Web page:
April 2016 - In This Issue:
At Pilates class this week, one of my classmates talked about the stresses of travel and related a story about an airplane passenger who brought a lot of carry-on baggage onto the plane. It clearly stressed her out at the time and did so again as she retold the story. I was trying not to get stressed out by the tension she brought into the room. We all do this at times. We create stress by our thoughts.

We may notice something and then let it go or we might walk around with it and let it continue to make us angry or upset. We may even try to enlist others in our misery.

A friend of mine decided to give up worrying during Lent. When I asked her how it went, she said it felt great. I marveled at her ability to just decide to give it up and then do it. She said that she realized that there are things she can't change, that are out of her control and so there is no use worrying about them. Now that Lent is over, she has decided to give up worrying permanently.

Resiliency is the ability to recover quickly from illness, change, or misfortune according to The American Heritage Dictionary. Imagine a buoy in the ocean. The waves push and pull it and eventually it rights itself. In the same Pilates class we bend, stretch, and strengthen our bodies so that we have the flexibility, balance and elasticity to recover from accidents or unexpected events. Sometimes these events are physical and sometimes they are emotional or psychological.

Researchers on resiliency have discovered that resilient children seek out new experiences and see themselves as having control over their own fate rather than victims of their circumstances. Maria Konnikova, in The New Yorker  article, "How People Learn to Become Resilient" writes, "Frame adversity as a challenge, and you become more flexible and able to deal with it, move on, learn from it, and grow. Focus on it, frame it as a threat, and a potentially traumatic event becomes an enduring problem; you become more inflexible, and more likely to be negatively affected."

Some of the ways I have learned to be more resilient include ongoing practices, such as:
  • Get adequate sleep
  • Practice meditation
  • Practice Pilates, yoga, and spend time in nature
When a potentially troubling event occurs, I try to:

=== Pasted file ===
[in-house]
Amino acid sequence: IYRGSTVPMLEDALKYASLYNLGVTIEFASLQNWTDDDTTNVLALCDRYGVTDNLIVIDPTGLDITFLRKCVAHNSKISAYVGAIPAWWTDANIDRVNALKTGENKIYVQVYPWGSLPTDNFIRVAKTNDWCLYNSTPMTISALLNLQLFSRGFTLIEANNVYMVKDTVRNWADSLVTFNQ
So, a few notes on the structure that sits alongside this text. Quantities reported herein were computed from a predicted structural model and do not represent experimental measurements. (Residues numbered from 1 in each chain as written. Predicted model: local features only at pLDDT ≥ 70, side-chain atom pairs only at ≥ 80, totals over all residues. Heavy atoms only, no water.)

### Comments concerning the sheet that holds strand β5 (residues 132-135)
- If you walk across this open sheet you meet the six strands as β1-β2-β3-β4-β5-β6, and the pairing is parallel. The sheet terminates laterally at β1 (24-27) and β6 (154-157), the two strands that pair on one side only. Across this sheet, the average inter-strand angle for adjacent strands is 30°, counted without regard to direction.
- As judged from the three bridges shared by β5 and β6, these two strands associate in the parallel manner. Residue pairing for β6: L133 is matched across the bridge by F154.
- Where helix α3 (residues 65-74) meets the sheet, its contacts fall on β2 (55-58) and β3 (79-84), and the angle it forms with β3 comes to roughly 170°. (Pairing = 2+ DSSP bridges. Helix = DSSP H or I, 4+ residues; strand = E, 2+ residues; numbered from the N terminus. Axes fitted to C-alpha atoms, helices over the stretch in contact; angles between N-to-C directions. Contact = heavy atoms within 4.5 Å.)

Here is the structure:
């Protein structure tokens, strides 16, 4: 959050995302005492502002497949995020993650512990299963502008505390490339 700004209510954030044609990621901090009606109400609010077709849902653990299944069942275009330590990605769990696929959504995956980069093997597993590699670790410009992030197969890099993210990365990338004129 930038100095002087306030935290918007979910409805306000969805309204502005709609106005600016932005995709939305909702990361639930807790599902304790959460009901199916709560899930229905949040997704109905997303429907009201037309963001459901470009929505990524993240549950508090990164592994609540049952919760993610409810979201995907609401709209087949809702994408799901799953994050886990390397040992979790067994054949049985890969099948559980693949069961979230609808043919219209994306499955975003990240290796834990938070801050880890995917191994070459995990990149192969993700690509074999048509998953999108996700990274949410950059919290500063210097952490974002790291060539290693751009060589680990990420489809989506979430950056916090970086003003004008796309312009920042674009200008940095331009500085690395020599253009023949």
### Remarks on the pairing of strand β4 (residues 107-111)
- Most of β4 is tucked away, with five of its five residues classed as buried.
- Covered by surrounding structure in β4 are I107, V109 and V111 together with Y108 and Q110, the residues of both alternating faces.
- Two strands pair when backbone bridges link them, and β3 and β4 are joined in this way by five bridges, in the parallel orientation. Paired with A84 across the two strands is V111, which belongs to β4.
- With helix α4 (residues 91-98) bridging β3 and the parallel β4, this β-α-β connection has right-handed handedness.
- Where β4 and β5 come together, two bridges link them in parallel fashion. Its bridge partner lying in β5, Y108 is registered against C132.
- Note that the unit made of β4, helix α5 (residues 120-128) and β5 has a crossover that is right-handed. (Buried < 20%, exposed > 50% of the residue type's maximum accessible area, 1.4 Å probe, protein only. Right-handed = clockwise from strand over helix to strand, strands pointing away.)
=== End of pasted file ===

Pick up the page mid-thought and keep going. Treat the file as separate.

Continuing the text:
• Pay attention to what and how I am thinking
  • Ask myself how can I be more flexible and buoyant in this circumstance
What ongoing practices and techniques help you develop resilience?


Speaking of resilience, you are invited to " Creating Resilience: an Expressive Arts Therapy Experience" on Saturday, April 9, 2 - 5:30 pm, Acadiana Center for the Arts , Lafayette, LA. I am pleased to present a mini-workshop at this symposium, "Writing a Way Toward Healing," 4:40 - 5:15 pm. Please join us. Free!

In this short video, Zen Master Bon Soeng talks about the Power of Sitting , a practice for developing resilience.
Photo of Sue Schleifer

Would you like someone to listen to you deeply, with compassion, and with questions that will break open understanding and new perspectives?

Do you want to kick it up a notch in your role as a leader?

Would you like a partner to help you develop practices to live a healthy, creative, and vibrant life?

Would you like to feel greater satisfaction in your work life but are not sure how to make that happen?


Perhaps you are feeling overwhelmed with everything on your plate?

Contact me for a complimentary coaching consultation to learn how we might work together for your success and happiness.
The Key to the Castle book cover
Zen and Travel Stories of Trust

A book about inner and outer journeys.  


 Available for purchase from Amazon and Smashwords and other digital download sites in both print and digital formats. 


To read reviews of the book, please visit The Key to the Castle

web page.  

Cultivating a Mindful Life book cover

Cultivating a Mindful Life, a collection of 35 stories, is an e-book

available from Smashwords and Amazon and other digital download sites.
If you prefer a print copy, please contact me directly.

Sue Schleifer 
Oak Communications Coaching and Consulting
acorns with sprouts